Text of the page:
Imugene (IMU) is expected to move into the ASX 200 in the December quarter rebalance. If that happens, fund managers that are benchmarked to the ASX 200 index must consider buying it, and passive funds have to buy it. It also puts the company on the radar of more investors and research houses. For some companies, that is not always good news. More attention can invite more criticism.

IMU is a biotechnology company that develops cancer immunotherapies. Its aim is to create a range of new treatments that seek to activate the immune system of cancer patients to identify and eradicate tumours. In August it was the newest billion-dollar biotech on the ASX and inked a strategic partnership with Nasdaq listed Celularity for the treatment of solid tumours. In September it joined the ASX 300 index.

There is a lot of jargon about what the therapies are trying to achieve and how they do it which can confuse those without a molecular biology background. The best way to understand the business is through its three novel technology platforms shown below.

In simple terms, onCARlytics attempts to obliterate solid tumours. CF33 Oncolytic ‘armed’ virus delivers a direct payload to the tumour cells to kill it and B Cell immunotherapy looks at targeting cancer cells in a safe and natural way by getting a patient’s immune system to produce antibodies against the cancer.

The Chimeric Antigen Receptor (CAR) T cell therapy (onCARlytics) has been one of the recent catalysts for the share price. There were multiple groups trying for more than a decade to achieve what IMU did which was combine the treatment with an oncolytic virus capable of targeting and killing solid tumours like brain, ovarian, colon, lung and bowel cancer.

Imugene’s MD & CEO, Ms Leslie Chong labelled the combination as ‘revolutionary’ with clinical trials to start next year in Australia. She added it would be a new paradigm in combination therapy if clinical trials can exhibit anything like the pre-clinical trials.

The pipeline below shows how far along each treatment is in the development timeline. Clinical trials typically have four stages. Pre-clinical can take anywhere from 3 to 6 years. Phase i, ii, ii (combined) can take between 6 to 7 years and regulatory review/manufacturing up to 2 years.

It is important to recognise that all therapies are in the clinical stage of the process. All programs are fully funded following the recent capital raising and have intellectual property rights that extend to 2038, the shortest expires in 2036 which means there is a long runway to develop the therapies. It also means any big pharmaceutical company that takes them on for development will have a long life of being able to exclusively market the products. At the end of the September quarter, Imugene had $112.2m in cash and cash equivalents it believed would provide ample cash to support its clinical pipeline and operations through 2025.

Broker stuff

Bell potter at the start of September upgraded it to a speculative buy recommendation. Target price lifted 108% to 52c citing the potential for new therapies to be attractive to future development partners and updated EPS forecasts to account for the recent $90m capital raising. Added the recent funding round was extremely well supported by institutions both in Australia and Asia.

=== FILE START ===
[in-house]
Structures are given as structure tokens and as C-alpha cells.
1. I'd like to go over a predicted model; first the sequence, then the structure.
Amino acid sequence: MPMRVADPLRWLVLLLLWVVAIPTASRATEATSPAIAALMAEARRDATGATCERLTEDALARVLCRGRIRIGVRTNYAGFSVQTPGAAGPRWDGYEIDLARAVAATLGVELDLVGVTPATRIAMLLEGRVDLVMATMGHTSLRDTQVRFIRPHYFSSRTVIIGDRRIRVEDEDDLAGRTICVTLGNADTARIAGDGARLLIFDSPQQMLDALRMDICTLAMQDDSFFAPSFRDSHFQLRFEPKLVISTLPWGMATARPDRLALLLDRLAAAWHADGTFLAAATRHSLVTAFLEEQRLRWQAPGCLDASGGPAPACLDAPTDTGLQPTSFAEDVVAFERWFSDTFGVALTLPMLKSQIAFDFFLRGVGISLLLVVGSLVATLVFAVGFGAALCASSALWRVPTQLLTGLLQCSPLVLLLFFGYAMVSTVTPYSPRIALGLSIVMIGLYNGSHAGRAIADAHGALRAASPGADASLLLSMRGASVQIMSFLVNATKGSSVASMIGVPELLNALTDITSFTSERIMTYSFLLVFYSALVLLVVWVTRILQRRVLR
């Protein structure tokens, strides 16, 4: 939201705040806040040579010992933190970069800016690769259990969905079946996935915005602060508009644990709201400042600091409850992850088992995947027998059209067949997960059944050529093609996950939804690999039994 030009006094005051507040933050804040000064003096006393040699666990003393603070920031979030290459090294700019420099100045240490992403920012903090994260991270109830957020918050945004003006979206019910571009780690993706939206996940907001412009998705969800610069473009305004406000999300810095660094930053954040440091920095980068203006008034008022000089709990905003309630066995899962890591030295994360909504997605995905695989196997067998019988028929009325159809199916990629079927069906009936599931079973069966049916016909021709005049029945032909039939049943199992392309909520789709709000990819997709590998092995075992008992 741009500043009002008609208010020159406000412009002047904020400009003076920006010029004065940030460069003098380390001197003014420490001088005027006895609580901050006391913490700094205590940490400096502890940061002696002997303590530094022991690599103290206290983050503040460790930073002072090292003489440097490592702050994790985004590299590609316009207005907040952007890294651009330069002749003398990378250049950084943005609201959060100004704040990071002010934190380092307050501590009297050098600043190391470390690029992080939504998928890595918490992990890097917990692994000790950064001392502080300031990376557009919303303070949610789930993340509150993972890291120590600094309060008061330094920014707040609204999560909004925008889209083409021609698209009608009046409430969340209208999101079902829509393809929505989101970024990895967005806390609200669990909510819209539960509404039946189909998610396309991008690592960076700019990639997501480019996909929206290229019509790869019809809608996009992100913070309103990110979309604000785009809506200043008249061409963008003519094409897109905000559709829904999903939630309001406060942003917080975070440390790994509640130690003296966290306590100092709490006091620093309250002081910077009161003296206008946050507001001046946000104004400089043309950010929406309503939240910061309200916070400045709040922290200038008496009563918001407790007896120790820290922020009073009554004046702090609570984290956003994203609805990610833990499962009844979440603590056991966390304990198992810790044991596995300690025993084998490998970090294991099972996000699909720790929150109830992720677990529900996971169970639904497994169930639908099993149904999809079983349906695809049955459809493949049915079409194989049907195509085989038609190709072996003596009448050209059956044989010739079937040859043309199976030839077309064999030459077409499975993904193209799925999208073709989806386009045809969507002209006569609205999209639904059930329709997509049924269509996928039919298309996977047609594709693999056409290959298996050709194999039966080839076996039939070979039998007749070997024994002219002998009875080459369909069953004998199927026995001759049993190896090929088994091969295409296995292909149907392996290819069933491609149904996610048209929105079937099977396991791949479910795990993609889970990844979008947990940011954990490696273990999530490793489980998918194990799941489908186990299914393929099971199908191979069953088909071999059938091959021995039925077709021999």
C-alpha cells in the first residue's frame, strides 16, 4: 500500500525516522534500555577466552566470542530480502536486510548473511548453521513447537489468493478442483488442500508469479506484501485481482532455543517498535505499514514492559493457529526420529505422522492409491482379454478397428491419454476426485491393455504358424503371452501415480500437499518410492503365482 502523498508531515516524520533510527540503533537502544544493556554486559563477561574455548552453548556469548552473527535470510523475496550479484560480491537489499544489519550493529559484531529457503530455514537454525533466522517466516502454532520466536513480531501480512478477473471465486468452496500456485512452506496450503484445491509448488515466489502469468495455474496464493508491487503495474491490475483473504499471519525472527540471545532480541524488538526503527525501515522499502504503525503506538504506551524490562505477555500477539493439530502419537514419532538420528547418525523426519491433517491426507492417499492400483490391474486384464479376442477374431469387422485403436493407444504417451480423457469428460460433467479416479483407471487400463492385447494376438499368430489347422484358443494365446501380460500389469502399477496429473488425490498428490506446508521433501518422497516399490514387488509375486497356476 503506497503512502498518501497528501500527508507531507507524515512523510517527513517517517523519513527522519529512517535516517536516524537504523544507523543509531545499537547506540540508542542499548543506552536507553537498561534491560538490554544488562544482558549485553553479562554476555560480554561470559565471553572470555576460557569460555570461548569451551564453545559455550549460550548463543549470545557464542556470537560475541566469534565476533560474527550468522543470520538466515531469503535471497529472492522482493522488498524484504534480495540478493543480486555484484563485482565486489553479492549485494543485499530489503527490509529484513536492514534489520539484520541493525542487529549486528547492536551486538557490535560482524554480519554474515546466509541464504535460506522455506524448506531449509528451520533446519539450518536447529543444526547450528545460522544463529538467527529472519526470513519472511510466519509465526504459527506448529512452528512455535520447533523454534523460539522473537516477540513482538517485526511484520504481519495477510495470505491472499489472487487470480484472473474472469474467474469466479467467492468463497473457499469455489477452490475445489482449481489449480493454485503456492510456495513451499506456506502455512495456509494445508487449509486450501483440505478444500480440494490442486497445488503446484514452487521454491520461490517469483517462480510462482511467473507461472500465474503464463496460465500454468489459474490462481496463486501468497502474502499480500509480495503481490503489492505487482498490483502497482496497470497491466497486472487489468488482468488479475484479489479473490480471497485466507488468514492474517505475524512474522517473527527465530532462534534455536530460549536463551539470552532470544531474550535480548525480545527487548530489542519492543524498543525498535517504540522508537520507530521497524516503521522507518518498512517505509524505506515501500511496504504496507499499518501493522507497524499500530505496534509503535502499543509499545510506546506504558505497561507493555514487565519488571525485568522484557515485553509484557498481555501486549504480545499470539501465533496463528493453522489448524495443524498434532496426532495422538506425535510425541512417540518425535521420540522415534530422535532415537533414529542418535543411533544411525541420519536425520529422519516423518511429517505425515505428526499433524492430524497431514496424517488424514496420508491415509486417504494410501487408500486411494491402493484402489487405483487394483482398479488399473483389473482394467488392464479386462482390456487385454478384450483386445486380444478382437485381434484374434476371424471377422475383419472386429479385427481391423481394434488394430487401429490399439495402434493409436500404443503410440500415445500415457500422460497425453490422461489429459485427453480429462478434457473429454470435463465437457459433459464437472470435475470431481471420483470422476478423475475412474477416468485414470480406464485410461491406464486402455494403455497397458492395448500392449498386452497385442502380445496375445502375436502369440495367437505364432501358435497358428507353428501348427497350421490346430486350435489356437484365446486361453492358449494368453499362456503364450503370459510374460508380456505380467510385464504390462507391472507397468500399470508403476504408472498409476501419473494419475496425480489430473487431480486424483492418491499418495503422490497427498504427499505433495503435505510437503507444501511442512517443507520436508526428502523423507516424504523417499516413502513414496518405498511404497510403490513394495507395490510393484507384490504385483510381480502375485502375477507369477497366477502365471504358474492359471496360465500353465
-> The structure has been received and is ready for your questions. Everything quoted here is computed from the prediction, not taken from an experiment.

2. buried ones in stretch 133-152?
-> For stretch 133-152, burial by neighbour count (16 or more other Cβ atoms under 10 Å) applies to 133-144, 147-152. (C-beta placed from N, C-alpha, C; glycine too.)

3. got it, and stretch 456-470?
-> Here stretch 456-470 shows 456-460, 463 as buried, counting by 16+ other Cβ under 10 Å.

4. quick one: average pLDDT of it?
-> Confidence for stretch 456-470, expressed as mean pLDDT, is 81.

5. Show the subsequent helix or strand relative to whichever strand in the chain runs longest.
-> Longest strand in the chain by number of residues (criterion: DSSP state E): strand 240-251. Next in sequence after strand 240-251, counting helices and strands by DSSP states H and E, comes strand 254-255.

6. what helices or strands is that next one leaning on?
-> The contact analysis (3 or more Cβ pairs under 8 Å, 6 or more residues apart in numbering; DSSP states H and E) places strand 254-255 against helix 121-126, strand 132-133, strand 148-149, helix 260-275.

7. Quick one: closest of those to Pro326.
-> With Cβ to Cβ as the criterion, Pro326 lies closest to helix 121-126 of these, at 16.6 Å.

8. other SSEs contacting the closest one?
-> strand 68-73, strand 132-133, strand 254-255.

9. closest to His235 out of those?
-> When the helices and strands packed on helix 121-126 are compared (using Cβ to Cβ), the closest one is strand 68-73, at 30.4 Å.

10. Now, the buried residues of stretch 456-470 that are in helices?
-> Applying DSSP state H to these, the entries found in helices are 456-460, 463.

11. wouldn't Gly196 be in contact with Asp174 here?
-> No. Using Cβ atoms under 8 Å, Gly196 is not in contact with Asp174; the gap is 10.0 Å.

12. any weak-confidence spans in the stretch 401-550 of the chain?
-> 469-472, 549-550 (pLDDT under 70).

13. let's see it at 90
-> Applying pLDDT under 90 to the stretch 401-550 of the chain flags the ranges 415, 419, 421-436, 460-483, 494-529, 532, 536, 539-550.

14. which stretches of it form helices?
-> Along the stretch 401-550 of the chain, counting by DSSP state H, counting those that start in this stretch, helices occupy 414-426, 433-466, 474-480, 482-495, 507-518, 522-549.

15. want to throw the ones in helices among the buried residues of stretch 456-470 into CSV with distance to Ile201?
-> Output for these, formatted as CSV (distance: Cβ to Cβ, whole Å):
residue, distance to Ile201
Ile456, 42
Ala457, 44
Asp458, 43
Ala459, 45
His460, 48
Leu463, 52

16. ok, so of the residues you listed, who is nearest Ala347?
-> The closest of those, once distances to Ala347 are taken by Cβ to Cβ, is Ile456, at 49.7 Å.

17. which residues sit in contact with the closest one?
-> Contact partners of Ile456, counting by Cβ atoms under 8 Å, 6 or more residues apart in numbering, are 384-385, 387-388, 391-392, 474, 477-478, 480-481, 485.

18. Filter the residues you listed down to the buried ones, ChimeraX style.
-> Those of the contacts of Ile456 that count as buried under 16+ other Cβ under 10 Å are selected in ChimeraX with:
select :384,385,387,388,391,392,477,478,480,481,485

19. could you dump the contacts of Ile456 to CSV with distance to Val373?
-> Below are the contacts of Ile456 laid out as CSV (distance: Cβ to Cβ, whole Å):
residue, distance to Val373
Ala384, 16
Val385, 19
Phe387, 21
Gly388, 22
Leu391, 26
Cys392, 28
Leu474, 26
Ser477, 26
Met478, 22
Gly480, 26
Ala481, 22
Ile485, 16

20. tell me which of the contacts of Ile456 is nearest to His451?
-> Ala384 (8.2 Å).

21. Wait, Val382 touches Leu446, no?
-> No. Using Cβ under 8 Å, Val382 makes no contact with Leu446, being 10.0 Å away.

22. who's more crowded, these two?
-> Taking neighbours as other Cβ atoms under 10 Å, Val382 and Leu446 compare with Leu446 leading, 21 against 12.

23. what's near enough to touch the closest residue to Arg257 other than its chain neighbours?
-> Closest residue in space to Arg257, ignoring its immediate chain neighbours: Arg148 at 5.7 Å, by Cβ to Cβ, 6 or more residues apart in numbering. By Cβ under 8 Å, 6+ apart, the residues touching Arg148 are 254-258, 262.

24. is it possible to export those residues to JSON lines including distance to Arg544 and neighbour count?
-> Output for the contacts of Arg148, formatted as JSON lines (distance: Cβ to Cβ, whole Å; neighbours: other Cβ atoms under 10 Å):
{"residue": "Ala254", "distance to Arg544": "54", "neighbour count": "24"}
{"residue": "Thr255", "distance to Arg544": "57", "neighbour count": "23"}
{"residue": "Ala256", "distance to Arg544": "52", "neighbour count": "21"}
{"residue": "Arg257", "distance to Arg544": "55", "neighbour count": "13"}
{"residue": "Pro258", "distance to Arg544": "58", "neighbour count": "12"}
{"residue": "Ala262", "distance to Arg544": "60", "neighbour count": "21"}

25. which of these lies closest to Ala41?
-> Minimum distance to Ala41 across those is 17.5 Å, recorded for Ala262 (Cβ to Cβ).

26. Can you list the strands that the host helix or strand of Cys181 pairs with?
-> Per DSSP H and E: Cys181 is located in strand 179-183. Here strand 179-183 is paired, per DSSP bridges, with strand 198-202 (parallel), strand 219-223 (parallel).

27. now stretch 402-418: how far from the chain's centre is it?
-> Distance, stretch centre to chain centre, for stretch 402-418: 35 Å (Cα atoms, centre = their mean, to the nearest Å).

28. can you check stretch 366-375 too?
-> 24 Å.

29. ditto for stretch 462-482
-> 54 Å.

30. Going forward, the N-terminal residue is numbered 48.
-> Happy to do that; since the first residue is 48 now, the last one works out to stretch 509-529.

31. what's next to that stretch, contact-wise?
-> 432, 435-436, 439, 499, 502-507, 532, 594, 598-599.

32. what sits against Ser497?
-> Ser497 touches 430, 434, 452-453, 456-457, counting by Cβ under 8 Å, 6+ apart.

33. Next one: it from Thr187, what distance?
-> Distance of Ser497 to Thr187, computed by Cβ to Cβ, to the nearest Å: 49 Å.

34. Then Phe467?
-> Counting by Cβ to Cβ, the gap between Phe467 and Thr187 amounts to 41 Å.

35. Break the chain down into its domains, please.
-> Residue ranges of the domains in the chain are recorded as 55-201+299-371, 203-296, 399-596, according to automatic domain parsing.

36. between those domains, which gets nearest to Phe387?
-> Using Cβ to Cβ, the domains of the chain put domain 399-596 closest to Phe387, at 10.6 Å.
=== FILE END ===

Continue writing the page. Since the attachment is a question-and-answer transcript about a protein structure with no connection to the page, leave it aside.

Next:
Top Investors

Paul Hopper started the business in 2013 and has an impressive track record. Previously involved with Viralytics, which was sold to MSD for $502m. Hopper has purchased more than 100m shares on Friday last week. Vanguard also topped up its holding by more than 125m shares on September 30.

Technical view

The share price is up more than 800% in a year recently topping out 51.5c last month. It had a wobble back to 40c but has recovered and is now edging closer to resistance ~50c. RSI is not in overbought territory and MACD forest is pushing above the signal line which can be regarded as a bullish indication.


With almost no fundamentals and all treatments in the clinical stage of the process, it is a difficult company to value. You are paying for future earnings and volatility comes part and parcel. It doesn’t generate any revenue from product sales and isn’t expected to for a little while. Its CAR-T cell therapy has been described as a blockbuster drug and while the program will likely take years to develop any comment on effectiveness is expected to garner a lot of interest. Bell Potter pointed out a US$11.9bn deal Gilead inked with Kite Pharma in 2017 as a gauge for possible upside. The company will be very sensitive to updates with the AGM on November 19 the next key source of information. Another point to consider is that while the treatments all sound fantastic, none are guaranteed commercial success. You need to believe in the long-term story and you should expect to hand over cash on that journey as well. Capital risings are how it stays operating and researching. Treatments don’t pop up overnight and take years to be developed and approved so sentiment can be easily influenced by market forces and the heard losing interest given such an emphasis is placed on future growth. Several milestones are dotted throughout the next 12-24 months, IMU needing to essentially feed the market updates to ensure appetite is elevated. Not a stock for a value investor. It is speculative and like most biotech companies, has massive upside but patience is necessary. It is an easy story to buy into and it is encouraging to know management has done it before and brought a drug from bench to bedside. The price is also expected to be supported by the index inclusion. Speculative BUY.

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